ICFP Workshops 2024
29th ACM SIGPLAN International Conference on Functional Programming (ICFP 2024)
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9th ACM SIGPLAN International Workshop on Type-Driven Development (TyDe 2024), September 6, 2024, Milan, Italy

TyDe 2024 – Preliminary Table of Contents

Contents - Abstracts - Authors

9th ACM SIGPLAN International Workshop on Type-Driven Development (TyDe 2024)

Frontmatter

Title Page


Message from the Chairs


Committees


Papers

Intrinsically Typed Syntax, a Logical Relation, and the Scourge of the Transfer Lemma
Hannes Saffrich ORCID logo, Peter ThiemannORCID logo, and Marius Weidner ORCID logo
(University of Freiburg, Germany)
Intrinsically typed syntax is an important and popular method for mechanized reasoning about programming languages. We explore the limits of this method in the setting of finitely-stratified System F using the Agda proof assistant. This system supports elegant definitions of denotational semantics as well as big-step operational semantics based on intrinsically typed syntax. While its syntactic metatheory (i.e., type soundness) works well, we demonstrate that its semantic metatheory poses technical challenges, by defining a logical relation and proving its fundamental lemma. Our logical relation connects a denotational semantics with an operational one, which exposes issues with transfer lemmas as well as minor issues with universe polymorphism.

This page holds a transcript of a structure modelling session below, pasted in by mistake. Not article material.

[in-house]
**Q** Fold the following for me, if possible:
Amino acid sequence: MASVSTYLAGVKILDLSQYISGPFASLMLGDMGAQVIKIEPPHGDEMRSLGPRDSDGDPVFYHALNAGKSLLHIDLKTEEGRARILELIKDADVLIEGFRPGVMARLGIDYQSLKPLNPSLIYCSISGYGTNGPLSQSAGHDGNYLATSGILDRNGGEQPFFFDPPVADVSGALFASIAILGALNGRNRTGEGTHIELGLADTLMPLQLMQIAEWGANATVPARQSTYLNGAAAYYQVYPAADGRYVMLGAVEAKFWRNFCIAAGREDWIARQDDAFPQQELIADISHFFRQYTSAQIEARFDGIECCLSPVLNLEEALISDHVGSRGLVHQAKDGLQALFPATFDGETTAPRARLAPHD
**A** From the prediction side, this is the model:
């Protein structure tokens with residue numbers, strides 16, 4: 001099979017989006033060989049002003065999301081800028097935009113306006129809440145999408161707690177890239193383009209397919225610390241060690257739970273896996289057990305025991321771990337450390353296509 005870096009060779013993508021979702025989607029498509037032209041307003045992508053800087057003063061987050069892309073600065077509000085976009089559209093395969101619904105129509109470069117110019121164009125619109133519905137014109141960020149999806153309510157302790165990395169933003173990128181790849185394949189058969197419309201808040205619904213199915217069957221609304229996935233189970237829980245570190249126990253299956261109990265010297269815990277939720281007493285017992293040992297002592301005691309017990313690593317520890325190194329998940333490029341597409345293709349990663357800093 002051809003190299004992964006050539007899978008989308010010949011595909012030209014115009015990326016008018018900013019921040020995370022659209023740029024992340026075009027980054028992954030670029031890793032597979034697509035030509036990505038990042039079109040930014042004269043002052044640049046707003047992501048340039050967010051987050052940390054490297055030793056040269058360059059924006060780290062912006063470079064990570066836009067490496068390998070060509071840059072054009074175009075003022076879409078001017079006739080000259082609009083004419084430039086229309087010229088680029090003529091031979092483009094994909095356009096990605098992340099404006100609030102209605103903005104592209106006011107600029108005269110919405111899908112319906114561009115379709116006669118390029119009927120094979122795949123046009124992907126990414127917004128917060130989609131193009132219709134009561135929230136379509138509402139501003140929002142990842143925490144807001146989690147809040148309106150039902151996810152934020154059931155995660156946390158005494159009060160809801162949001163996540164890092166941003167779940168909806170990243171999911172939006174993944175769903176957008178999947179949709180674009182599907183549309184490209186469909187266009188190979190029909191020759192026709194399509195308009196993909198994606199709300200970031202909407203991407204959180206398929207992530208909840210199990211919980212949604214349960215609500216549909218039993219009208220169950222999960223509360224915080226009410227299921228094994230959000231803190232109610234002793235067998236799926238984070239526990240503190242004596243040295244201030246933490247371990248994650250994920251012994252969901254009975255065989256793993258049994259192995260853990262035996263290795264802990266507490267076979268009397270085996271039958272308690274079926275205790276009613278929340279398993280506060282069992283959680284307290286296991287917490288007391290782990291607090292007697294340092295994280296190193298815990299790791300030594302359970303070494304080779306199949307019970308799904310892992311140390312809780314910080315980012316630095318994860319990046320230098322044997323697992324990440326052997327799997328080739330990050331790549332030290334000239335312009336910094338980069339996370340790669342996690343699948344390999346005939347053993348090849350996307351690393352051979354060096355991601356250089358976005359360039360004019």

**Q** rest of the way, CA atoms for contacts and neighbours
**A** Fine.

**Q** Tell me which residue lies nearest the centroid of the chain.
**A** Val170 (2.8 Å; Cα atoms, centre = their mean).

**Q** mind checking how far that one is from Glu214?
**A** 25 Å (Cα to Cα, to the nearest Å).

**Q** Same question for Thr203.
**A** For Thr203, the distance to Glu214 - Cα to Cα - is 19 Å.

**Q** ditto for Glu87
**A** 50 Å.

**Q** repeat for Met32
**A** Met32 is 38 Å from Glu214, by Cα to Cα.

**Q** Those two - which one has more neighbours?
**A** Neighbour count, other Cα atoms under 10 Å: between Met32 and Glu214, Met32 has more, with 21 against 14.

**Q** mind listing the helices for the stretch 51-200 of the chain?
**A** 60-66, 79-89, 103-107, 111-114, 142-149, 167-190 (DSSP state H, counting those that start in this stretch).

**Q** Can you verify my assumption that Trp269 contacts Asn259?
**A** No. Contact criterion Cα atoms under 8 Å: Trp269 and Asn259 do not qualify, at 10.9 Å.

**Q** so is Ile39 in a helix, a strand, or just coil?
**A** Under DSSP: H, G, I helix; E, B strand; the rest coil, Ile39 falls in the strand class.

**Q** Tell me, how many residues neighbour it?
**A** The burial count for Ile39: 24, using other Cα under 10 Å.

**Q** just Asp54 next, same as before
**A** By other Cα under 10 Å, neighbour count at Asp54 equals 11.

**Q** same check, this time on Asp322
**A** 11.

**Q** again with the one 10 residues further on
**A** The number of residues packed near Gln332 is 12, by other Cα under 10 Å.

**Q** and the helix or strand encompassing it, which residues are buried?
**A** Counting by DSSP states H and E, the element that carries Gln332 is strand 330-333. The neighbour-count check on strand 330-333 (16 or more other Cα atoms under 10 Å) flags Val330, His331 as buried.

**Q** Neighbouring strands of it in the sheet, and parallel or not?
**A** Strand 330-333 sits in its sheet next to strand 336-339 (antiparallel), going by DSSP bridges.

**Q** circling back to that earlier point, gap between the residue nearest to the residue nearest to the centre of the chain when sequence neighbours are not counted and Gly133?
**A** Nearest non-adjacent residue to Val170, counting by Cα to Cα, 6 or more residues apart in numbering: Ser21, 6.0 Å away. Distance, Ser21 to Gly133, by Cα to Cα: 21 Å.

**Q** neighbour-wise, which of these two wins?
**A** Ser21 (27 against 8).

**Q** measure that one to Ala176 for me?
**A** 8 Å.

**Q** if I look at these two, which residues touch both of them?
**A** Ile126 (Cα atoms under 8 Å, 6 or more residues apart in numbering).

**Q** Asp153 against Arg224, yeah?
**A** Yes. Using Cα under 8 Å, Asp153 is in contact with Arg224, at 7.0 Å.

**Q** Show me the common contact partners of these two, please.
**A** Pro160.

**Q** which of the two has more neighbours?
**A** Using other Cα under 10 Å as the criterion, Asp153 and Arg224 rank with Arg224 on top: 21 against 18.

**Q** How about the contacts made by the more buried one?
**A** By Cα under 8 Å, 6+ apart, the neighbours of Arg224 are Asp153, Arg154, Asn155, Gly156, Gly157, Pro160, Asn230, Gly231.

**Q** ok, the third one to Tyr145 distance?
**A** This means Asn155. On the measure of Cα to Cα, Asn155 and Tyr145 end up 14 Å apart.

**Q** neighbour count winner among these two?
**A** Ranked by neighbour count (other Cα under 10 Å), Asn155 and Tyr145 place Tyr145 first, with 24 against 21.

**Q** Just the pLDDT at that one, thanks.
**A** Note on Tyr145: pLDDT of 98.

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Modal μ-Calculus for Free in Agda
Ivan Todorov ORCID logo and Casper Bach Poulsen ORCID logo
(Delft University of Technology, Netherlands)
Expressive logics, such as the modal µ-calculus, can be used to specify and verify functional requirements of program models. While such verification is useful, a key challenge is to guarantee that the model being verified actually corresponds to the (typically effectful) program it is supposed to. We explore an approach that bridges this gap between effectful programming and functional requirement verification. Using dependently-typed programming in Agda, we develop an embedding of the modal µ-calculus for defining and verifying functional properties of possibly-non-terminating effectful programs which we represent in Agda using the coinductive free monad.

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Normalizable Types
Stefan Monnier ORCID logo
(Université de Montréal, Canada)